Nicole Snow…Helping Artists Build Businesses

By Leigh Hornbeck
Times Union, Albany, N.Y.

WWR Article Summary (tl;dr) Entrepreneur Nicole Snow’s “Darn Good Yarn” will do $9 million in sales this year. She founded the company 10 years ago with the mission to help impoverished artists have better lives. 


The founder of Darn Good Yarn wants other artist-entrepreneurs to learn from her mistakes and experience.

Nicole Snow founded Darn Good Yarn 10 years ago to sell reclaimed textiles from Southeast Asia. Her mission was to help impoverished artists have better lives. The company has since grown to include other projects beyond yarn — craft supplies, clothing, home and office decor, jewelry, purses and accessories — and also in sales volume. Snow says Darn Good Yarn will do $9 million in sales this year.

Snow teamed up with Steve Gonick, the Capital Region-based serial entrepreneur behind such ventures as Passport for Good, a web and mobile platform that chronicles community service and career development for students; and IPayment Tri-State LLC, which helps businesses save money on credit/debit card processing and run more efficiently. Prior to starting his own businesses, Gonick was principal and chief marketing officer at Adirondack Research and Management. Gonick’s wife, Denise Gonick, recently stepped down as CEO of MVP Health Care.

Snow and Gonick’s new, jointly owned venture, Steve & Nicole, acts as a go-between to help artist-run companies. They’re looking for companies with what Snow calls “Instagrammability.” An attention-grabbing product and story with a passionate person behind it is what she’s after. Reselling Chinese imports is not.

Enter TL Duryea. The Connecticut-based painter already has a strong social media presence and has been making sales online for seven years. She already has, Snow says, engaged, repeat customers. In addition to landscapes, Duryea paints portraits of women who inspire her — Ruth Bader Ginsburg, Anita Hill and Megan Rapinoe, to name a few. In addition to traditional paintings, she sells clothing, tote bags and other accessories bearing the images. Duryea met Gonick through friends and Gonick introduced her to Snow.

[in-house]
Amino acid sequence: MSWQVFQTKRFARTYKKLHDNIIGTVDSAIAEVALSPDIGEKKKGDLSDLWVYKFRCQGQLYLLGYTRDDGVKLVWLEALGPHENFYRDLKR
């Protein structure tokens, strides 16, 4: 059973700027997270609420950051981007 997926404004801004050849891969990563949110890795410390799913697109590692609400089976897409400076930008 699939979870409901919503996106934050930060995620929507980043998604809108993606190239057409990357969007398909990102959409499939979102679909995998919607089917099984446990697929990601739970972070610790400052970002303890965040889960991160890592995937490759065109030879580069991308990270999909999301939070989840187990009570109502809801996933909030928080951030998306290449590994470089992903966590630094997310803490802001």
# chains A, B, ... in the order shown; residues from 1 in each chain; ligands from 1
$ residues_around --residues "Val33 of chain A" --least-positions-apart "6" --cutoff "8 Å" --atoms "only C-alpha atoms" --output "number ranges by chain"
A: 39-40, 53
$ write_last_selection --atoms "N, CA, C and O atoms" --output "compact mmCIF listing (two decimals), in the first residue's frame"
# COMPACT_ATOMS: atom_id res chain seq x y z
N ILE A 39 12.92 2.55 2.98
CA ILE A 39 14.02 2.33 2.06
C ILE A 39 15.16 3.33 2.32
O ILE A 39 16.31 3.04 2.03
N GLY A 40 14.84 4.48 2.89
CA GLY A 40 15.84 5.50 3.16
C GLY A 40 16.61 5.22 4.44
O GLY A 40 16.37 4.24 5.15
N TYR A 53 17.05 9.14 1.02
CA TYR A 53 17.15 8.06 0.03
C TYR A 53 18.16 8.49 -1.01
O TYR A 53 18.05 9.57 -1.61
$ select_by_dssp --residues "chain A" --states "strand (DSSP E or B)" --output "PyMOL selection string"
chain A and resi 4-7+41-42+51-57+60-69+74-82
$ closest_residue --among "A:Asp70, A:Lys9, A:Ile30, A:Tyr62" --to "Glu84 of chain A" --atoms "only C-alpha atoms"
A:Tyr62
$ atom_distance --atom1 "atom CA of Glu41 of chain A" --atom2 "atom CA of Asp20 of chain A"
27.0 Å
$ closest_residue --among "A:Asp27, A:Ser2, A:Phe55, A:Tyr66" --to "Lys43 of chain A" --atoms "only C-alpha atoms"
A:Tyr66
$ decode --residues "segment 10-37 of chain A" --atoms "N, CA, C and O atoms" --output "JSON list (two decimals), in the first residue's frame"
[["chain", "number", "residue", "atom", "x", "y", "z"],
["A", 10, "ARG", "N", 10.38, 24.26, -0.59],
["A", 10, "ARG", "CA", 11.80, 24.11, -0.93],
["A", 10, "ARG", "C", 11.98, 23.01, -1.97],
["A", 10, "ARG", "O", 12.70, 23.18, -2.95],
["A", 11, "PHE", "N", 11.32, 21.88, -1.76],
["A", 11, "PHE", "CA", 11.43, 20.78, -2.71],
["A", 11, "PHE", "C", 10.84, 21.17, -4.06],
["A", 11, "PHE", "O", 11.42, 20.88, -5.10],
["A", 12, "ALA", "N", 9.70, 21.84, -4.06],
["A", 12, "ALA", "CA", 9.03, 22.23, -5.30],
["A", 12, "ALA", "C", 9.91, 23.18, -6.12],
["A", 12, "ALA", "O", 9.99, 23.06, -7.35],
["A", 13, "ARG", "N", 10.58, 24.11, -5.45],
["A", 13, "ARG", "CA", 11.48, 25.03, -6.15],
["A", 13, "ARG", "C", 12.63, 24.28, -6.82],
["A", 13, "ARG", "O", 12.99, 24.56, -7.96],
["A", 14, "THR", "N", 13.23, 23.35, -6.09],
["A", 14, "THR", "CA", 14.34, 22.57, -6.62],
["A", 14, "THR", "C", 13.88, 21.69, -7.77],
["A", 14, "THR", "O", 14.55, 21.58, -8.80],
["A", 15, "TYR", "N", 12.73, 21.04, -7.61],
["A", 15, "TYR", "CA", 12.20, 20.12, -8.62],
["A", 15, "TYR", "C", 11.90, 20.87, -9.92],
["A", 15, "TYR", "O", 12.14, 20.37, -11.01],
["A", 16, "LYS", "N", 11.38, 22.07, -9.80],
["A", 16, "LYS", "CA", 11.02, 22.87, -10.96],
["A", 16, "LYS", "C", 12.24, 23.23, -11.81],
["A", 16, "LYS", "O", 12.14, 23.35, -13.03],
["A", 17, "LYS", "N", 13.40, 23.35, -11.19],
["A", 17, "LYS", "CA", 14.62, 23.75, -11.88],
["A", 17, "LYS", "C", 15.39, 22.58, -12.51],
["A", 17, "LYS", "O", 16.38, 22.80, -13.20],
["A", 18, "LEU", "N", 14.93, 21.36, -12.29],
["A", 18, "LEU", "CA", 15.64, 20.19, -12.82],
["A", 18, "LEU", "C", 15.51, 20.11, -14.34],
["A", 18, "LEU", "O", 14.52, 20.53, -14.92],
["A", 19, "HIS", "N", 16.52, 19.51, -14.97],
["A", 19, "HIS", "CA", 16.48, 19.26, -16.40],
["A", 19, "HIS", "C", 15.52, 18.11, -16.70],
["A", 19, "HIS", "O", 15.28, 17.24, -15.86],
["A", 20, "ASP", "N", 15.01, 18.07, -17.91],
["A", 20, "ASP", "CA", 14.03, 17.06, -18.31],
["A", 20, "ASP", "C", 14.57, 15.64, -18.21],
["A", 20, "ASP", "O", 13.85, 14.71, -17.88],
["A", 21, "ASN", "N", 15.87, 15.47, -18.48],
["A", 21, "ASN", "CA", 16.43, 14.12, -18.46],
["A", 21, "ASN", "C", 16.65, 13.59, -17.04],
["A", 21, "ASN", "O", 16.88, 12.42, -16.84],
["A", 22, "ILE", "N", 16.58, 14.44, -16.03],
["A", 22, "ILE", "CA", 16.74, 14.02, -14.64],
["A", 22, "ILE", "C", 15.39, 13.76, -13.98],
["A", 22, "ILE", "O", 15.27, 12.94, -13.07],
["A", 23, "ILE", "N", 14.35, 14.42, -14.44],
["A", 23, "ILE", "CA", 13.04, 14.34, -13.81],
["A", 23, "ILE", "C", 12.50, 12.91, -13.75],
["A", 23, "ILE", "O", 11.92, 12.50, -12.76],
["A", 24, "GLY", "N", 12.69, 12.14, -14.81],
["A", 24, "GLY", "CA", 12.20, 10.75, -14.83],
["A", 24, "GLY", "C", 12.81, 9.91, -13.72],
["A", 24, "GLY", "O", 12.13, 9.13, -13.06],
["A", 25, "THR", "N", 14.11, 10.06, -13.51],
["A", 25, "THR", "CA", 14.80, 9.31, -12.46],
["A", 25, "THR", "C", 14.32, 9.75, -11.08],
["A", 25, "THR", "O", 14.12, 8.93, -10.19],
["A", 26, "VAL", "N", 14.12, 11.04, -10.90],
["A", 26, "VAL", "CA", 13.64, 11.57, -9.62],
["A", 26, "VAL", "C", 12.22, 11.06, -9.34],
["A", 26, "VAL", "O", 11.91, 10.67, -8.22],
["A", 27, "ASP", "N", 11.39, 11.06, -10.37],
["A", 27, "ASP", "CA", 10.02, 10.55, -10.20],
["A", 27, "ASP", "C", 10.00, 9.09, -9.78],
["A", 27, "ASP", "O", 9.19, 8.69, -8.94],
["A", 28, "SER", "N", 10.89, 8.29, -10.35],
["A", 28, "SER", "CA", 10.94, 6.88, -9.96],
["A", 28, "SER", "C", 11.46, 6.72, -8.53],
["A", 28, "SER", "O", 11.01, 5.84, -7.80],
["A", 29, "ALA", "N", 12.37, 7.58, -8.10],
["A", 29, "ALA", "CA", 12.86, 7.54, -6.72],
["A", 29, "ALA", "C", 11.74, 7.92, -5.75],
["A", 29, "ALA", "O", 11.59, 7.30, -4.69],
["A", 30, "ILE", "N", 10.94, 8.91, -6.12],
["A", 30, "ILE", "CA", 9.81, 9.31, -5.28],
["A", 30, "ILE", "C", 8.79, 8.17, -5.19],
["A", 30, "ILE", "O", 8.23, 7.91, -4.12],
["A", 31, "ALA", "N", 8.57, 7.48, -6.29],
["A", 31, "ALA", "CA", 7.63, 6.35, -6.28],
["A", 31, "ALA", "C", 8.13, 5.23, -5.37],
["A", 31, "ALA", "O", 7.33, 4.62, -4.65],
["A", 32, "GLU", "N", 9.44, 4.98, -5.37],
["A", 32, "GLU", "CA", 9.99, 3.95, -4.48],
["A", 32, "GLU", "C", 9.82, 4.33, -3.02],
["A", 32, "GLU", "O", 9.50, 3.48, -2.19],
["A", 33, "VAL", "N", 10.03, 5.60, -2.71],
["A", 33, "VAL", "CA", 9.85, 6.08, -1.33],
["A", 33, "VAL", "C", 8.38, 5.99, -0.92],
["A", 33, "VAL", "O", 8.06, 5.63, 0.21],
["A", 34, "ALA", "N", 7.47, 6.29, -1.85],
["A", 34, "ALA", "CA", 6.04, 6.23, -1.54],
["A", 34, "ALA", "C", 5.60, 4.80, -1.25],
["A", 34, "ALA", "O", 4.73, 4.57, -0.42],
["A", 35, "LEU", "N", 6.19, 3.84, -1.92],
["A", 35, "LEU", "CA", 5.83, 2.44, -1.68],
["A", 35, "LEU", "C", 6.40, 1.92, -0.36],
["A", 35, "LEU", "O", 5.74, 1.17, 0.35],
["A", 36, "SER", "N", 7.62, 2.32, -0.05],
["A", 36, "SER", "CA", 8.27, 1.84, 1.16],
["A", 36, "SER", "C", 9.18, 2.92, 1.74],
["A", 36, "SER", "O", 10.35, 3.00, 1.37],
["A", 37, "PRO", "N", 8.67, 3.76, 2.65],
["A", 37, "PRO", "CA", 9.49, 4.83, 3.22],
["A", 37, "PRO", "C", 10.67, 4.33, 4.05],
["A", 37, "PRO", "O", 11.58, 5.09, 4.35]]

Steve & Nicole invited Duryea to come onto all the systems Gonick and Snow already have in place to run their businesses, including a network of merchants and vendors already vetted as credible who care about their employees.

Darn Good Yarn connected Duryea with sources and staffing to fulfill orders at her Clifton Park warehouse. Because of Darn Good Yarn’s existing shipping volume, Duryea’s shipping prices were cut by 80 percent. The money Duryea saves, Gonick says, she can put back into her business.

“Our emphasis is to keep the artist as the artistic director, the most important seat they can to be in,” Snow says.

Third-party sellers like Etsy and Redbubble often give artists the ability to connect with customers online and accept credit card payments, which is helpful when they’re first starting out. However, when a customer buys a product, the artist does not have access to customer information, not even their name.

In return for seed money to further build her business, Steve & Nicole signed a long-term agreement to handle her e-commerce business, but this is no Shark Tank. Duryea still owns 100 percent of her business, just as Snow owns 100 percent of Darn Good Yarn.

Snow and Gonick said their partnership began as a friendship, and their varied strengths combine well.

“We are mentoring each other. We are both open to learning from each other. Steve went from corporate to entrepreneurial. I am an accidental entrepreneur. I was never sure my business would succeed,” Snow says.

Now that it has, she wants to see others follow in her footsteps.
Distributed by Tribune Content Agency, LLC.

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